In the meantime, my parents were focused on a different idea – finalizing the purchase of Ace in the Hole. Without my knowledge, my parents had purchased Ace in December. One day in the second week of January, I had just gotten home from the barn, and they told me the great news – I couldn’t have been happier! Ace and I had accomplished so much in the past year and a half and I had finally gotten a horse of my own. Furthermore, Ace and I are looking to the future. Jumping upwards of 3’ courses, we are already signing of for spring eventing trials to cater to Ace’s adoration of cross country. We are preparing for Championships in July and have even greater goals for the next year, including working on our C-3 rating and participating in numerous clinics and eventing trials across the Carolina region.
I always say I cannot believe how lucky I am to develop into a better rider through my training with Ace, and his training of me. Our journey has proven that hard work and persistence truly pays off. Although I never saw myself in my riding career where I am today, I couldn’t have done it without Ace and I wouldn’t want it any other way.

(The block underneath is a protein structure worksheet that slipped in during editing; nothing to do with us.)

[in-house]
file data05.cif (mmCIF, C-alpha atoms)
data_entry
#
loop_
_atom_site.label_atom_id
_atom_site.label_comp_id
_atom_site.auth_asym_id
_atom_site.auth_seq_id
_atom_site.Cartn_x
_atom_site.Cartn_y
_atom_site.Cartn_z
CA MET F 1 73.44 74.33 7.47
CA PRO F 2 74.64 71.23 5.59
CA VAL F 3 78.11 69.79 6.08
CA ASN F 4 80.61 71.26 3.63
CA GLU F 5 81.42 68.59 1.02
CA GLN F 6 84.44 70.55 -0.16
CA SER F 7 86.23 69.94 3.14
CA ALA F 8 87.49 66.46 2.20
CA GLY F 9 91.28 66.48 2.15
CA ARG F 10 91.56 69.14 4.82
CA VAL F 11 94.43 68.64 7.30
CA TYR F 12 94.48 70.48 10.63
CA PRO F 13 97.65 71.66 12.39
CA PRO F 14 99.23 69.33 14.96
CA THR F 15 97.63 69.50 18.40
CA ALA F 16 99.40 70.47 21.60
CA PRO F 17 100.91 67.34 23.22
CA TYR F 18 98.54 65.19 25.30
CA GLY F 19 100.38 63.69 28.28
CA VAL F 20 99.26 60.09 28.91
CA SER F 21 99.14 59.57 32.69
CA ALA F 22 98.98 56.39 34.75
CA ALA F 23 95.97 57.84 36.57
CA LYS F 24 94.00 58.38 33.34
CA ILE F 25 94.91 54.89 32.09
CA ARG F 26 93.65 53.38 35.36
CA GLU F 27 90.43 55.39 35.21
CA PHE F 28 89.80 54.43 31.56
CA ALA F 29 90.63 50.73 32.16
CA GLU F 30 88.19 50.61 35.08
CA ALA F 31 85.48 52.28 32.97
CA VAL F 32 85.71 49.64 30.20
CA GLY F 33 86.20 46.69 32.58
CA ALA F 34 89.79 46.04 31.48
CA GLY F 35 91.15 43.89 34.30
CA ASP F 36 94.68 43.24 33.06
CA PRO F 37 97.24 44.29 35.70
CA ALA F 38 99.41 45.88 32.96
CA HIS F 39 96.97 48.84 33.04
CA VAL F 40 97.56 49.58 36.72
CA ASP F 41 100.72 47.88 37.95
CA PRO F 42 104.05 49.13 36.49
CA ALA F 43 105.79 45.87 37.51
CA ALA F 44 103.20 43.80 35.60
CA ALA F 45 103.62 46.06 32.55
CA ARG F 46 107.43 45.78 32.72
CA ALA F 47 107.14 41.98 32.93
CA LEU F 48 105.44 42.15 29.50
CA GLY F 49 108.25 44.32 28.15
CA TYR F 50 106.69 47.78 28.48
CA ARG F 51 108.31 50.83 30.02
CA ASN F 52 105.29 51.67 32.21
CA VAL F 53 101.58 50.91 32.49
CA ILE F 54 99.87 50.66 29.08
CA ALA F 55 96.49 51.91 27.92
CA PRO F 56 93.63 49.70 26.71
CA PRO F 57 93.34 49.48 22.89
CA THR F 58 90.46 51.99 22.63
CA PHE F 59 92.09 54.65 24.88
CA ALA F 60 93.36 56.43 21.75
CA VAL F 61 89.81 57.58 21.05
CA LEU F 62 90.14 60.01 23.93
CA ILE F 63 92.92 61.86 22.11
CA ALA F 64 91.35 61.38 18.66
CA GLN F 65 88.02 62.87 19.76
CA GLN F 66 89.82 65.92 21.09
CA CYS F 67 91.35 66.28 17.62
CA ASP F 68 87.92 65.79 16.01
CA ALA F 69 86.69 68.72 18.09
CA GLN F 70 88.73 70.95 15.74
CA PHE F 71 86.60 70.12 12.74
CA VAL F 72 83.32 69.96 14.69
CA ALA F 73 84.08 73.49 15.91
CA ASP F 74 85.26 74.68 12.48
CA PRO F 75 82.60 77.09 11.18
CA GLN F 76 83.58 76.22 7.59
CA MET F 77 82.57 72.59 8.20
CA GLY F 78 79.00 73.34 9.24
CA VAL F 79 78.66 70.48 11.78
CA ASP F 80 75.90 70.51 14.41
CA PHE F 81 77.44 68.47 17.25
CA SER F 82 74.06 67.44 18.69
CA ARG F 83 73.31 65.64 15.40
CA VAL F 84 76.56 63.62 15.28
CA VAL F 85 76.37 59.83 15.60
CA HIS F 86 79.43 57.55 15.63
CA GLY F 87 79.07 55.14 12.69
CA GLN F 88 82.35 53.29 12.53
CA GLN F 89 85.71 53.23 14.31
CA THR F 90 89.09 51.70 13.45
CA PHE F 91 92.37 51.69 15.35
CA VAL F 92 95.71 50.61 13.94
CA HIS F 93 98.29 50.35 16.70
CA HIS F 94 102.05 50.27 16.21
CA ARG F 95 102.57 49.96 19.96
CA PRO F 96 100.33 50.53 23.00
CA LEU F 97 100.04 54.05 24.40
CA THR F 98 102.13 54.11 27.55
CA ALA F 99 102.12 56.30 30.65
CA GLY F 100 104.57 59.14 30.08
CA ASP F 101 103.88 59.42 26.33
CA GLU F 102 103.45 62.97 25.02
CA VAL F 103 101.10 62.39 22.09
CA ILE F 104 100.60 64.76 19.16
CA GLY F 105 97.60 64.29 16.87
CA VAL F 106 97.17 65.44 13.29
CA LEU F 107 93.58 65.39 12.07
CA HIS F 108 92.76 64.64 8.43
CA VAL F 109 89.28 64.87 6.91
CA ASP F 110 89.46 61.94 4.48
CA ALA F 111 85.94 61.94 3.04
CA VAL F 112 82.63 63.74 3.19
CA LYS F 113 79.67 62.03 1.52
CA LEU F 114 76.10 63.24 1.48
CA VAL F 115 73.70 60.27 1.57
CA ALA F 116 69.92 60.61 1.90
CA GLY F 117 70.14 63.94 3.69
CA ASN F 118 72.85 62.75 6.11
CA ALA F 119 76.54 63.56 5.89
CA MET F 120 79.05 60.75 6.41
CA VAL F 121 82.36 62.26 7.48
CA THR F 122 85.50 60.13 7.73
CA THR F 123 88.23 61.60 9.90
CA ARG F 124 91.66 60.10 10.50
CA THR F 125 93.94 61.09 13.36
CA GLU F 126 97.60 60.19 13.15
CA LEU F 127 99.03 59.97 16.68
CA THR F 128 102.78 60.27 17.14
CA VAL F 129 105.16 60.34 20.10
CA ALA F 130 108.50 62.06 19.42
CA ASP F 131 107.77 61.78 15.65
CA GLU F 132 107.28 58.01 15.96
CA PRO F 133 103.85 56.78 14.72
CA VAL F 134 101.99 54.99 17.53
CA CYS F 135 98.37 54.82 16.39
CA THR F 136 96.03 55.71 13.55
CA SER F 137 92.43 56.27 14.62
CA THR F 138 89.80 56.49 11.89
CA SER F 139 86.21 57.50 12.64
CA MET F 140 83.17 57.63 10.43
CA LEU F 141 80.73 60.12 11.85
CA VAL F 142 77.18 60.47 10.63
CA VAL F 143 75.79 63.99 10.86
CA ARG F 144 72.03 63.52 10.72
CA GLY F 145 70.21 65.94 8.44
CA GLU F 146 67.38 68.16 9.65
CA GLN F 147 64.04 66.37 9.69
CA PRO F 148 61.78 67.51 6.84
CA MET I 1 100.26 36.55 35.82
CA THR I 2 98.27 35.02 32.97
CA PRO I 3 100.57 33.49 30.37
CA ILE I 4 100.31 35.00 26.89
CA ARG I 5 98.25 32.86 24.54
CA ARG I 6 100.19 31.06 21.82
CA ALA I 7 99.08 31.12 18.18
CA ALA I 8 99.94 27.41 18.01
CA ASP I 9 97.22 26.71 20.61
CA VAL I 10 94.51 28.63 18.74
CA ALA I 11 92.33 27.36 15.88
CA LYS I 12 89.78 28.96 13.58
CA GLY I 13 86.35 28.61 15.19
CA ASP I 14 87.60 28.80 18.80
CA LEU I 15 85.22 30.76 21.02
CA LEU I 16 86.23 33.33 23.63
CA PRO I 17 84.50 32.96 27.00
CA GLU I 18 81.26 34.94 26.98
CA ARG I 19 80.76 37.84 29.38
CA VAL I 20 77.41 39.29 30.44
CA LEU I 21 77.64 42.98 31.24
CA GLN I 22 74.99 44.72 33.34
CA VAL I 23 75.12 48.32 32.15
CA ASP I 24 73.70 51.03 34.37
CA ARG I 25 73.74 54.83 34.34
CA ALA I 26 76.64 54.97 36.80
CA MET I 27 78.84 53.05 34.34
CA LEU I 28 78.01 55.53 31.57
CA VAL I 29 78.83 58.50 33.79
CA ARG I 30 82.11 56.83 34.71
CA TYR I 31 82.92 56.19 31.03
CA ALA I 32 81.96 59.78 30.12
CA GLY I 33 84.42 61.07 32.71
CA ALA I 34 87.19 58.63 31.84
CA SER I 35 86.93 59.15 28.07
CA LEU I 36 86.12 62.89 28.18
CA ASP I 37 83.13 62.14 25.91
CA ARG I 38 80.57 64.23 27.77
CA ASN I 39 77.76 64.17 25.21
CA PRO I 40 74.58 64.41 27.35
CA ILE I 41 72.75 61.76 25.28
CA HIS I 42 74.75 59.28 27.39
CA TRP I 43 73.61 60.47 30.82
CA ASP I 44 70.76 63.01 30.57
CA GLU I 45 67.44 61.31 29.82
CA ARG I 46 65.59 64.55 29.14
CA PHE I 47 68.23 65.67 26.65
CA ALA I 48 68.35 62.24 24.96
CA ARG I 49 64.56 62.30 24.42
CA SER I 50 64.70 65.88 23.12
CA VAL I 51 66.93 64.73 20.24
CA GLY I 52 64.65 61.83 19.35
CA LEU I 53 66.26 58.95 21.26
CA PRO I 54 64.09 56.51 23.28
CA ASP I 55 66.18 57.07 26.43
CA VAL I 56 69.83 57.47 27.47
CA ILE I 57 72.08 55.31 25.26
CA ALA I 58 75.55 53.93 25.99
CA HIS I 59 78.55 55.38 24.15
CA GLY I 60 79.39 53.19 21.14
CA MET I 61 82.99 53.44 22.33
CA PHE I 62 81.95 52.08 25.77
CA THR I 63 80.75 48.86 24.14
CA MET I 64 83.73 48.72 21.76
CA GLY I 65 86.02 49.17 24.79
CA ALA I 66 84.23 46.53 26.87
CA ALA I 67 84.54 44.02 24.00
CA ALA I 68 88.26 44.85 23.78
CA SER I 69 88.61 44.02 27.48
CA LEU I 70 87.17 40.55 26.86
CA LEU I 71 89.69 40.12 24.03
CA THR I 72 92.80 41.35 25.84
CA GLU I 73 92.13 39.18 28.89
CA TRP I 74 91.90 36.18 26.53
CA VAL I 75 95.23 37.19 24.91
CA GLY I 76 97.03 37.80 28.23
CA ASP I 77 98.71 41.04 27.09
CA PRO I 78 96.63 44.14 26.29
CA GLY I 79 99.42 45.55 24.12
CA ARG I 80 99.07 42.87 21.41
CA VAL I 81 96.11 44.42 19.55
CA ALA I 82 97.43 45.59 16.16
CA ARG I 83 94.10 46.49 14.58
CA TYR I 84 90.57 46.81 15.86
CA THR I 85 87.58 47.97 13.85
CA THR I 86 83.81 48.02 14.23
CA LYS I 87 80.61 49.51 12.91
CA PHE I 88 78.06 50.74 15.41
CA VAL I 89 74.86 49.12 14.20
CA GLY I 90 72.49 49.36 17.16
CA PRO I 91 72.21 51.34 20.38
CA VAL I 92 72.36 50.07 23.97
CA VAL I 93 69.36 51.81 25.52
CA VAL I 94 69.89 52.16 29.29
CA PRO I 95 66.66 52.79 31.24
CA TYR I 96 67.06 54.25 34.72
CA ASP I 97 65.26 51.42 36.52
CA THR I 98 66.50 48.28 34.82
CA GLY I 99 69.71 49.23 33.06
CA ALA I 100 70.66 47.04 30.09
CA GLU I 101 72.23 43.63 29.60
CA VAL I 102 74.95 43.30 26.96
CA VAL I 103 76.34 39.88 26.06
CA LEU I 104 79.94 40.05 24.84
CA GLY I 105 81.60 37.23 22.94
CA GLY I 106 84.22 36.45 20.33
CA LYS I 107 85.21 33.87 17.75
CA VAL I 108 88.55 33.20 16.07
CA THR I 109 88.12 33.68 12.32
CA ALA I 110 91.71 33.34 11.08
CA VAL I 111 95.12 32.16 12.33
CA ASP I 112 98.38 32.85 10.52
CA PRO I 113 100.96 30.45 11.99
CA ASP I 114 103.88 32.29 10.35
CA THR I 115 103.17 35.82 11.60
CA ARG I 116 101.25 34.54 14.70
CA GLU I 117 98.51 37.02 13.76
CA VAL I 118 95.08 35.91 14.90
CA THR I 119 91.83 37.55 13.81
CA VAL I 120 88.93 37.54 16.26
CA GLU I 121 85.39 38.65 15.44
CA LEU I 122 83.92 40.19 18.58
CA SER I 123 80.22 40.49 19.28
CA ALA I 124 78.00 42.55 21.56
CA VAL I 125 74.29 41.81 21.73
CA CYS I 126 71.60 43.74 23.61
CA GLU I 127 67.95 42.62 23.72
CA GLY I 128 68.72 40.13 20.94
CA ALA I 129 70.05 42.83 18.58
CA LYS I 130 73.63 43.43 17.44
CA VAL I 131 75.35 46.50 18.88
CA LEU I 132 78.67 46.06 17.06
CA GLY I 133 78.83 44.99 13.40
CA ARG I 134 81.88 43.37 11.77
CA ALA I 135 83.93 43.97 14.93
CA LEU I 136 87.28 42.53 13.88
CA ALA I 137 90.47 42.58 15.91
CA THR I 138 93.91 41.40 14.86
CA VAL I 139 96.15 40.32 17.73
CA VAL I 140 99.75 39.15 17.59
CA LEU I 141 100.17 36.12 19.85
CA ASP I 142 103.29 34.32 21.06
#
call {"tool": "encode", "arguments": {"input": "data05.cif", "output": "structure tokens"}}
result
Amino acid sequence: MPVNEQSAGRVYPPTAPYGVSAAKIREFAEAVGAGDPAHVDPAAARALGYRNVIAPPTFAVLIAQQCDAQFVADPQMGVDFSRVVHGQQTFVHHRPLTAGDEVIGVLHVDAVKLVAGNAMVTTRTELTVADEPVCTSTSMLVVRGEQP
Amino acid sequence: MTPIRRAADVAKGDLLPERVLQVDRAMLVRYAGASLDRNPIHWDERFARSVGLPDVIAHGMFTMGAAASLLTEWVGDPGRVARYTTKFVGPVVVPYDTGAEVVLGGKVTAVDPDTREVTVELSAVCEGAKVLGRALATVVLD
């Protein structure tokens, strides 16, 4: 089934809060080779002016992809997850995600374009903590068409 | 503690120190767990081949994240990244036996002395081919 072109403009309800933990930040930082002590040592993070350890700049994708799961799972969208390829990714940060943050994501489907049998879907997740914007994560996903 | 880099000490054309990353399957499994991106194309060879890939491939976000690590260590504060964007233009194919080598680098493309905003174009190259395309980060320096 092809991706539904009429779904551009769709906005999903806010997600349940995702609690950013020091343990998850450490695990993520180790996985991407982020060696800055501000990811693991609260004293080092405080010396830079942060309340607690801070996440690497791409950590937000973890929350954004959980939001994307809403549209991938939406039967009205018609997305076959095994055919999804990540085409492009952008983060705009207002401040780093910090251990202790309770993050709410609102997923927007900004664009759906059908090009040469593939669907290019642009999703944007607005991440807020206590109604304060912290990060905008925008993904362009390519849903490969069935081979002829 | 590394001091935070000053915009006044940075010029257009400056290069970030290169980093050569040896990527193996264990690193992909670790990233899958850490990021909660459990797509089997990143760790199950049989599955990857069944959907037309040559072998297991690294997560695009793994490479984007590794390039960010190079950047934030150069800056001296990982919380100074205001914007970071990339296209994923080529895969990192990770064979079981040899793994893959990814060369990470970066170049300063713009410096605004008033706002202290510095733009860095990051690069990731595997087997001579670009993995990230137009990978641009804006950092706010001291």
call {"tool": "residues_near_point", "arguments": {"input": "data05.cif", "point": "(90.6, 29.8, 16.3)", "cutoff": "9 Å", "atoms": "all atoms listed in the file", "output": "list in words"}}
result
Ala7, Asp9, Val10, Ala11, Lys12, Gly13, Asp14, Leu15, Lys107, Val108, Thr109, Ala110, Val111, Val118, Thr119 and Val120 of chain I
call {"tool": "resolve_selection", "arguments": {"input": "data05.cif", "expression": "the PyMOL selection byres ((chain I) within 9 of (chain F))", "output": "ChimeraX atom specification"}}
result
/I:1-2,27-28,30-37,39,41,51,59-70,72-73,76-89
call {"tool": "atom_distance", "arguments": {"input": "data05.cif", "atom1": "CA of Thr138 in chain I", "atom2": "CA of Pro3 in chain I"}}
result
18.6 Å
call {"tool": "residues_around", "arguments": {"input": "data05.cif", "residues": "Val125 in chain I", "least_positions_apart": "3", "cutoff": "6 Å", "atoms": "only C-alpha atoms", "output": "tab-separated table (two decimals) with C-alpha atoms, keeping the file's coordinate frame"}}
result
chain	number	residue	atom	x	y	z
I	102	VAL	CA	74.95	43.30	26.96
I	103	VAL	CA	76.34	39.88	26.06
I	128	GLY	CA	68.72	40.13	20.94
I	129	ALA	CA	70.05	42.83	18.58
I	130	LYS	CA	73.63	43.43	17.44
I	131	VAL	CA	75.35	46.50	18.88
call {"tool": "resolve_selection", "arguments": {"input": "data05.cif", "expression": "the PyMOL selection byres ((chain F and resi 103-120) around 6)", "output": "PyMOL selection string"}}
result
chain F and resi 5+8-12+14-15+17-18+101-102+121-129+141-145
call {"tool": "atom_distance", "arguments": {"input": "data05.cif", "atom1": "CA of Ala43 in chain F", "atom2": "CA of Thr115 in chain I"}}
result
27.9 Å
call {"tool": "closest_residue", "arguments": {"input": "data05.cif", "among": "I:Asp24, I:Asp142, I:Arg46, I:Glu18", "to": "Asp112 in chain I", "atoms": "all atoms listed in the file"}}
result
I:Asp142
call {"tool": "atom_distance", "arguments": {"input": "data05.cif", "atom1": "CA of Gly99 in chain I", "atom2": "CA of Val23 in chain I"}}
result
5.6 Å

“All Bets are Off” Update
Ms. Bets has been a joy to have. She is mostly my personal horse but she does give the “advanced” riders a few lessons. She participated in summer camp with a home schooled group and she was also the recipient of a lot of Boy Scout attention while the St. Pius X School here in Greensboro worked on their badges. Ms. Bets continues to “speak her mind” so I am becoming a much better listener! She was a doll for her annual checkup and shots and continues to boss her best buddy, Iron around in the paddock. She has been in a few farm shows and we hope to get her ready to travel to some this year.